After three losses, and being up for at least eighteen hours, I quit. I simply said “this isn’t fun anymore; I have to go to sleep”. Just like in life- you have to know when to quit! You have to know when to pull back and regroup. Sometimes you have to admit defeat and sometimes you simply have to say, “I’m going to pick up, where I left off, on another day.” Knowing when to say “enough” isn’t failing, it’s simply recognizing that you can’t always just keep on “keeping on”. Sometimes a different course (or sleep) is just what’s needed. It’s taken me a REALLY long time to even recognize when something isn’t fun anymore.
Kit Woolsey, a prominent backgammon and bridge player said, “Many, possibly most, inferior moves are made not because the best play was considered and then rejected, but because the best play was completely overlooked.” Just like in life- how many “best plays” have you overlooked? How many choices that seemed too tough, or that involved taking into consideration another person’s feelings, have you abandoned? How many times have you chosen the “inferior move”; the effortless one where you simply ran away or threw in the towel? How many times have you rolled the dice and made the quickest move possible, without considering all the options? How many times have you taken the “safe”, “easy” move?
On Saturday afternoon I went to a wonderful party. My dear friend, Denise, held a baby shower for her daughter Chantelle. The room was filled with family and friends. It was lovely and loving. Denise’s dad, Bill, came to the party. Bill is actively dying. He is 90 years old and has both liver and pancreatic cancer, but he wanted to be at his granddaughter’s shower. I sat next to Bill for a while. Some time has passed since I last saw him. I reminded him of our last lunch, with Denise, at a small restaurant where he talked about everyday stuff and about his time in the service. When I saw him last, Bill was still a big guy- robust, full of life, full of stories. On Saturday, Bill was different; not just because of the physical signs of a body being worn down and worn out; he was tired. Bill’s voice was very quiet and that quietness gave each word a lot of weight. He talked only a bit about his cancer. He told me that he couldn’t eat much. He took a small sip of his beer. I talked about how tough it is when your mind and spirit are trapped in a body that’s challenged. He looked at me and said, “Yes, you’re right”. He asked how soon Chanie was due. I said, “I think six weeks”. Then I checked. I wanted to be sure. I told him, “Her due date is in eight weeks”. He looked at me, with eyes that were clear and blue, and said, “I’m going to try to hang on for eight weeks.” This former WWII Marine, is holding on to see his precious granddaughter bring a new life into the world. I said, “then I’ll pray for a pain-free eight weeks”. He took my hand and said, “thank you.” Before I left I said to Bill, “It was wonderful seeing you”. He said, “God Bless You Kay”. God bless ME? He reminded me so much of my Dad before he died fifteen years ago; a man in a fragile body, but filled with love. I cried all the way home, not because Bill will probably soon pass over to the spirit side, but because another dear friend will live through the loss of someone she loves.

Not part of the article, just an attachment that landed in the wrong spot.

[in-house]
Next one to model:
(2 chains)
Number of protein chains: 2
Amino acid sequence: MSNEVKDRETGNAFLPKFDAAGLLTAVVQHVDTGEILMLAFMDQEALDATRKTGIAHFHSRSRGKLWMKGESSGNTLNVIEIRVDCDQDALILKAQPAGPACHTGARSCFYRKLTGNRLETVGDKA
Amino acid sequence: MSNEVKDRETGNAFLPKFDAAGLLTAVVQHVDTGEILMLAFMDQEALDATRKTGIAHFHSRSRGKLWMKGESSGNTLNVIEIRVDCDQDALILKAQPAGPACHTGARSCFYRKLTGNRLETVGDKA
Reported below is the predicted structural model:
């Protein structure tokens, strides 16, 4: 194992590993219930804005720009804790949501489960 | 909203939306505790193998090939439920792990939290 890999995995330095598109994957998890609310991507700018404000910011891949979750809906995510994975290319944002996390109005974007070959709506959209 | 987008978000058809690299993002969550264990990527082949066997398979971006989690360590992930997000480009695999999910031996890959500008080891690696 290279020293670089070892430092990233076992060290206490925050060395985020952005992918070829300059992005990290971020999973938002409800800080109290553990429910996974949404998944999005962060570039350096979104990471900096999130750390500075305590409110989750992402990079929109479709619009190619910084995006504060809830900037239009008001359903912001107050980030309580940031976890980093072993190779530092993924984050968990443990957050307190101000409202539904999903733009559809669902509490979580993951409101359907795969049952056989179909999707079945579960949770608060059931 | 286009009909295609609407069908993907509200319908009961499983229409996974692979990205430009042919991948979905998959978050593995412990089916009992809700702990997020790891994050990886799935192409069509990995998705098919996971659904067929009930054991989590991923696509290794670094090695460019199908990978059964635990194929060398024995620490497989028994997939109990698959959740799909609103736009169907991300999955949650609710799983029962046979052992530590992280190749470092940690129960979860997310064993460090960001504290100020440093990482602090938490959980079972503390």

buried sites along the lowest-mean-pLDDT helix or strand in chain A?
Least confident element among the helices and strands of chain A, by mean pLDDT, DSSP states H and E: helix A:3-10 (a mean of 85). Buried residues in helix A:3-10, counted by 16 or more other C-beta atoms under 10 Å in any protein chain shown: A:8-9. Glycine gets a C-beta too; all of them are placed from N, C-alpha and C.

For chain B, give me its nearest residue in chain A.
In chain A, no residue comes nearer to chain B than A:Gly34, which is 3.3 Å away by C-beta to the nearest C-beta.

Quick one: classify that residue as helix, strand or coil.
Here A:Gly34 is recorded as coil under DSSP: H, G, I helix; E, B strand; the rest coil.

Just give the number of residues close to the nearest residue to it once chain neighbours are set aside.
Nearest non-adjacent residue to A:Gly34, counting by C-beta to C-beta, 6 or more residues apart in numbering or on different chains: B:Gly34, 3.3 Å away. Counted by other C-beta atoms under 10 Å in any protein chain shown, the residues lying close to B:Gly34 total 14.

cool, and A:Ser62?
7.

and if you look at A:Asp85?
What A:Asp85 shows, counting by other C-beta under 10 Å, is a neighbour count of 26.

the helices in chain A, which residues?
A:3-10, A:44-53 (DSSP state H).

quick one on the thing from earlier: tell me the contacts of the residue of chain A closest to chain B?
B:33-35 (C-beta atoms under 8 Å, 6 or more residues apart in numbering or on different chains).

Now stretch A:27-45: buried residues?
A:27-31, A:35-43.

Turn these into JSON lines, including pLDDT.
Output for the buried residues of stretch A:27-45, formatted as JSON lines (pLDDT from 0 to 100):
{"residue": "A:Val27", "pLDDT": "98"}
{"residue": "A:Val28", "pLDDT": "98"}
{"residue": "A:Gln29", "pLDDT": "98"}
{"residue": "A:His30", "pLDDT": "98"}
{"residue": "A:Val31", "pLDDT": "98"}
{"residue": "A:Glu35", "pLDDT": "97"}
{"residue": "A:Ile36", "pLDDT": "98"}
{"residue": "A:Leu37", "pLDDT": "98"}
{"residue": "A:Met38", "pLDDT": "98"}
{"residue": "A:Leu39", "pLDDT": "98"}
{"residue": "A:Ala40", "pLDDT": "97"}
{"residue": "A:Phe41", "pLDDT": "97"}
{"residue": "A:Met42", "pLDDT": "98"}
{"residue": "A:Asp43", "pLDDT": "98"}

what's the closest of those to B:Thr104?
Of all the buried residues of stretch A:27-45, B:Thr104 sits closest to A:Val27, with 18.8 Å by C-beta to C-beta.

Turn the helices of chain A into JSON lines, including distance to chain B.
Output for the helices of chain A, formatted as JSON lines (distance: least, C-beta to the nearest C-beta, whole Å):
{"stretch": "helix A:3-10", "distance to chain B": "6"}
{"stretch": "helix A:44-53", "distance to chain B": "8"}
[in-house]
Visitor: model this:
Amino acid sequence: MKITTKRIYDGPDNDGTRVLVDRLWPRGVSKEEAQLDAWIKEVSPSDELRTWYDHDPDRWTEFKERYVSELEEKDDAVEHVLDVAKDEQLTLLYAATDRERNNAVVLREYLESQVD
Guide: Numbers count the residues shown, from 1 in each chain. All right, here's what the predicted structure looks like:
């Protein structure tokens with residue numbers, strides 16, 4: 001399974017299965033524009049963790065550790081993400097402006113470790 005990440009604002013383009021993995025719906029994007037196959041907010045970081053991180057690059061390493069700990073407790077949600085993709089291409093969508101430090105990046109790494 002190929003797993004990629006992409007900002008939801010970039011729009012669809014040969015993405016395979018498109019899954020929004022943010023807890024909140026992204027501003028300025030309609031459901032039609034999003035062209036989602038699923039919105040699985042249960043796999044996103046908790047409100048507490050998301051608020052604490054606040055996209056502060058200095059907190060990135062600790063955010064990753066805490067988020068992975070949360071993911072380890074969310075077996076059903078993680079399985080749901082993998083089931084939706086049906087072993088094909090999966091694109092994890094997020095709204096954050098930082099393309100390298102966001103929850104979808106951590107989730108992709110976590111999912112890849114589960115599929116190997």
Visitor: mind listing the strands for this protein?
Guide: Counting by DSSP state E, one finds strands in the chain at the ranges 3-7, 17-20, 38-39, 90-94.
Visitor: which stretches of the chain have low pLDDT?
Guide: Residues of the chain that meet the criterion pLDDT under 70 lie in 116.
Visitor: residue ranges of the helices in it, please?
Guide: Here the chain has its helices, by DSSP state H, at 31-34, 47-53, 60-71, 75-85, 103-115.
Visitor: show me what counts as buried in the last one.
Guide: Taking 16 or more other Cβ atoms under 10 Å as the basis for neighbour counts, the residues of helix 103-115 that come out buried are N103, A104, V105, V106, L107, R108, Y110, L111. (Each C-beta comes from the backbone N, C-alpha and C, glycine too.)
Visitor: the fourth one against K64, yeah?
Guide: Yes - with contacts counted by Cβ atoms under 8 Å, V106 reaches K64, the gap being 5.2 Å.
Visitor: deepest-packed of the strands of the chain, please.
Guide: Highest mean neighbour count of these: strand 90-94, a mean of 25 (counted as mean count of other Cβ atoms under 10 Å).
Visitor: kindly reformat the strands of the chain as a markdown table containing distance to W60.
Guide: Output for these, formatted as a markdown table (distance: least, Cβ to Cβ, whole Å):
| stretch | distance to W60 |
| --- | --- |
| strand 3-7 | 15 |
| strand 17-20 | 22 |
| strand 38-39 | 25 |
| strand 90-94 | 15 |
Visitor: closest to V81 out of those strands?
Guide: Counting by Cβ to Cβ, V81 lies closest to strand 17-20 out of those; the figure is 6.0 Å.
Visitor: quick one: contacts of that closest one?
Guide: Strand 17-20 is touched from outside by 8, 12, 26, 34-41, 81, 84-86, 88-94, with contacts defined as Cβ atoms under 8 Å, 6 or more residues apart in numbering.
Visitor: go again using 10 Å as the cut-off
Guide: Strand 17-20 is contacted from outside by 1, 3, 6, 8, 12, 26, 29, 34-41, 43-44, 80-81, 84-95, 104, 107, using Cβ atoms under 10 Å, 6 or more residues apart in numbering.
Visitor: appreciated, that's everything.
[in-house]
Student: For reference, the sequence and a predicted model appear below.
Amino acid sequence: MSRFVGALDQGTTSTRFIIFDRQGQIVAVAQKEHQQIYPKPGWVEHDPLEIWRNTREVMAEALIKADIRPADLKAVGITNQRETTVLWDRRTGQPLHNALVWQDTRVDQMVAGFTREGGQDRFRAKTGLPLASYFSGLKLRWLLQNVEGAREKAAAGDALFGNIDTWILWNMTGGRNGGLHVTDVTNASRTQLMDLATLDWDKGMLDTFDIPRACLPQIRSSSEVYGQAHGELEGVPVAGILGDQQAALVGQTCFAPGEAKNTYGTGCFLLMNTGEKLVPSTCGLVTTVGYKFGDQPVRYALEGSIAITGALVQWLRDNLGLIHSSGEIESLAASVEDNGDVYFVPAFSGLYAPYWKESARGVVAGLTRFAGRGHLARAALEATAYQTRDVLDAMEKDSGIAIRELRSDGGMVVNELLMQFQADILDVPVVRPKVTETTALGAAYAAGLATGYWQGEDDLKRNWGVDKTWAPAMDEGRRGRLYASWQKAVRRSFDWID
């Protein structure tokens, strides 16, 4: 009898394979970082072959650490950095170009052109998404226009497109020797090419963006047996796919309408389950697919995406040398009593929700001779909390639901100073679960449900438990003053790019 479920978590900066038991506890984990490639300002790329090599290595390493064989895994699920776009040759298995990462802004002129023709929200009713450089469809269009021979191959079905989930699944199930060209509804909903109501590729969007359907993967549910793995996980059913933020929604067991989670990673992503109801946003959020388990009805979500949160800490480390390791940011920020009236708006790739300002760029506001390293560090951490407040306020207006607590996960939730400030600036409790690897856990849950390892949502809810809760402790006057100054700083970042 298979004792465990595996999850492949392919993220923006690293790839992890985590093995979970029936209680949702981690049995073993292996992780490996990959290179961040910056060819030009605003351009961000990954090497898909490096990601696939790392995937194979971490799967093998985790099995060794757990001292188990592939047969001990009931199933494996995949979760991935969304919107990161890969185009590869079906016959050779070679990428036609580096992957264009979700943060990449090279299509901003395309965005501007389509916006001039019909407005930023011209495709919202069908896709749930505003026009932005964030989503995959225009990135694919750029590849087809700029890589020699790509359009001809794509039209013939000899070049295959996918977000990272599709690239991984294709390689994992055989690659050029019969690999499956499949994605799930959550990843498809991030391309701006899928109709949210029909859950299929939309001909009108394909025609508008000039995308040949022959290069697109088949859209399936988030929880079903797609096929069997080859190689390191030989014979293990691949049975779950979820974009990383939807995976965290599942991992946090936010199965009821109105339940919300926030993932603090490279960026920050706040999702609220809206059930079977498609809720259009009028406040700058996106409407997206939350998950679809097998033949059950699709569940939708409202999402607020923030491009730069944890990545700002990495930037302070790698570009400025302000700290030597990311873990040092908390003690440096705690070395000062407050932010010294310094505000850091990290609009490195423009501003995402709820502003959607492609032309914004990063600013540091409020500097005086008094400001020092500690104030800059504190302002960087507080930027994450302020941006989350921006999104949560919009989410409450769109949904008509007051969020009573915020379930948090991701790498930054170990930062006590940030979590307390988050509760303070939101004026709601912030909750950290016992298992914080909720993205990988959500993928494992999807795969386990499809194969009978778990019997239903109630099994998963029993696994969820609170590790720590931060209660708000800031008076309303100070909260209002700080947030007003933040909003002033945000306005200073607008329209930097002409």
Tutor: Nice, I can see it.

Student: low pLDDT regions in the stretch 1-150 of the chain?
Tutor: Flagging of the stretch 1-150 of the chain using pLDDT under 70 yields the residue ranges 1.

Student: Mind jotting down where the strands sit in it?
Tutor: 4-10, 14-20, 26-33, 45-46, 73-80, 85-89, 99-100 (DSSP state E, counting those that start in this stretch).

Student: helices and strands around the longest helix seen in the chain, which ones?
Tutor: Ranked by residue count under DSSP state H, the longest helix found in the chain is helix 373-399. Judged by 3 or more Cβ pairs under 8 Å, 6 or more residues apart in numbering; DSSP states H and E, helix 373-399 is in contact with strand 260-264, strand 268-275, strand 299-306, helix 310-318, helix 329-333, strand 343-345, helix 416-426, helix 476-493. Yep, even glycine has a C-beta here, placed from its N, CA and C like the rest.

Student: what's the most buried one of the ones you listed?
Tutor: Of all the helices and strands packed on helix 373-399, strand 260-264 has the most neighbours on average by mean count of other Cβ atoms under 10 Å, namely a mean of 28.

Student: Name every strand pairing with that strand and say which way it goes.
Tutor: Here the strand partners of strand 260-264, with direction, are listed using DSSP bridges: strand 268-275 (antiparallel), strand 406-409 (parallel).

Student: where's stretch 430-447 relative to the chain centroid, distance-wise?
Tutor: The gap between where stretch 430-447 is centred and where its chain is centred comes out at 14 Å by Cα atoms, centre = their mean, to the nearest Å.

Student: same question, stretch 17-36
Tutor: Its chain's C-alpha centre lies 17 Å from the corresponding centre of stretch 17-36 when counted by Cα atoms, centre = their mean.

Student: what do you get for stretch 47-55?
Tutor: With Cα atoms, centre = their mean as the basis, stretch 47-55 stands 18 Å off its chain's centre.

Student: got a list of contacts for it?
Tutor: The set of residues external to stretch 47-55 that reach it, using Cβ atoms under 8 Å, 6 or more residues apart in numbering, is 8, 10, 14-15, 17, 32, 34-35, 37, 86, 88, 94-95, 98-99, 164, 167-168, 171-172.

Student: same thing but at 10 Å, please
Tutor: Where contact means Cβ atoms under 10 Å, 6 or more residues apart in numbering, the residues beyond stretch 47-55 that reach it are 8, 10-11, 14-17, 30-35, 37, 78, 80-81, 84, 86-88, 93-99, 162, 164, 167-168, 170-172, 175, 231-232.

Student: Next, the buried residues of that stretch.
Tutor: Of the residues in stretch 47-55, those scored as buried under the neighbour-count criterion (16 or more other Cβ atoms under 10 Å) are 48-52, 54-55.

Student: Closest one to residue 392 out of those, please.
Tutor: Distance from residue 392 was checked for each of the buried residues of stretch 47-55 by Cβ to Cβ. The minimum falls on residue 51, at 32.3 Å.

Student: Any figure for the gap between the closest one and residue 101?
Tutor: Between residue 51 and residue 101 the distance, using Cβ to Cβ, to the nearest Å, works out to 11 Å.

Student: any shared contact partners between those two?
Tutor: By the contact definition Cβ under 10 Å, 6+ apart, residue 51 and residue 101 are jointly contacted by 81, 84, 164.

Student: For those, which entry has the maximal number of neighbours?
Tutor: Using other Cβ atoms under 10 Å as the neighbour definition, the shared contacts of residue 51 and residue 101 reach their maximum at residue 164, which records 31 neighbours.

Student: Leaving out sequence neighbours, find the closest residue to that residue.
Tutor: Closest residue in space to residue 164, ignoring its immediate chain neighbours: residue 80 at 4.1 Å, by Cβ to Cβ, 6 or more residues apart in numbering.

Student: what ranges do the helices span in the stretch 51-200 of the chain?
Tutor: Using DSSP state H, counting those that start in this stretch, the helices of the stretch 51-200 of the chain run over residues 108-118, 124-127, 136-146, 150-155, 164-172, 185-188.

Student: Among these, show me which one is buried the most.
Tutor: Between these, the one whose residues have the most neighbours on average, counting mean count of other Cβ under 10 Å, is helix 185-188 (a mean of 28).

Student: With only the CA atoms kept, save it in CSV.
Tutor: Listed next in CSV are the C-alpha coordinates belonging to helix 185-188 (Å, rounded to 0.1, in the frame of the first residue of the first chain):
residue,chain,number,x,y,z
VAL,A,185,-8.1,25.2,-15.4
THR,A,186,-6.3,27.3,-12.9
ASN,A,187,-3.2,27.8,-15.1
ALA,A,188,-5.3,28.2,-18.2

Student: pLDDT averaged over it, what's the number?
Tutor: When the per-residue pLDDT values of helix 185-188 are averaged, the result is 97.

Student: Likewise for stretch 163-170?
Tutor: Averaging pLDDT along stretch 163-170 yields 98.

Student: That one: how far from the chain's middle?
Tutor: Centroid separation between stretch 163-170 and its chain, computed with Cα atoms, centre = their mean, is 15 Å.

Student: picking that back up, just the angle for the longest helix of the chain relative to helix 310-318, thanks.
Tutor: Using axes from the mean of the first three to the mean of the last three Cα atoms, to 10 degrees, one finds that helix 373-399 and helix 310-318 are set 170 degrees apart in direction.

Backgammon and babies waiting to be born and cancer and death…all mixed together in a symphony called life. God Bless YOU, Bill Gruber, God Bless You.
©2015 Peace Full Home/Intentional Living
p.s. from “The Checklist from Z to A”:
#14. Slow down; think about where you’re running to- what, who and where are we running to on the game board of life?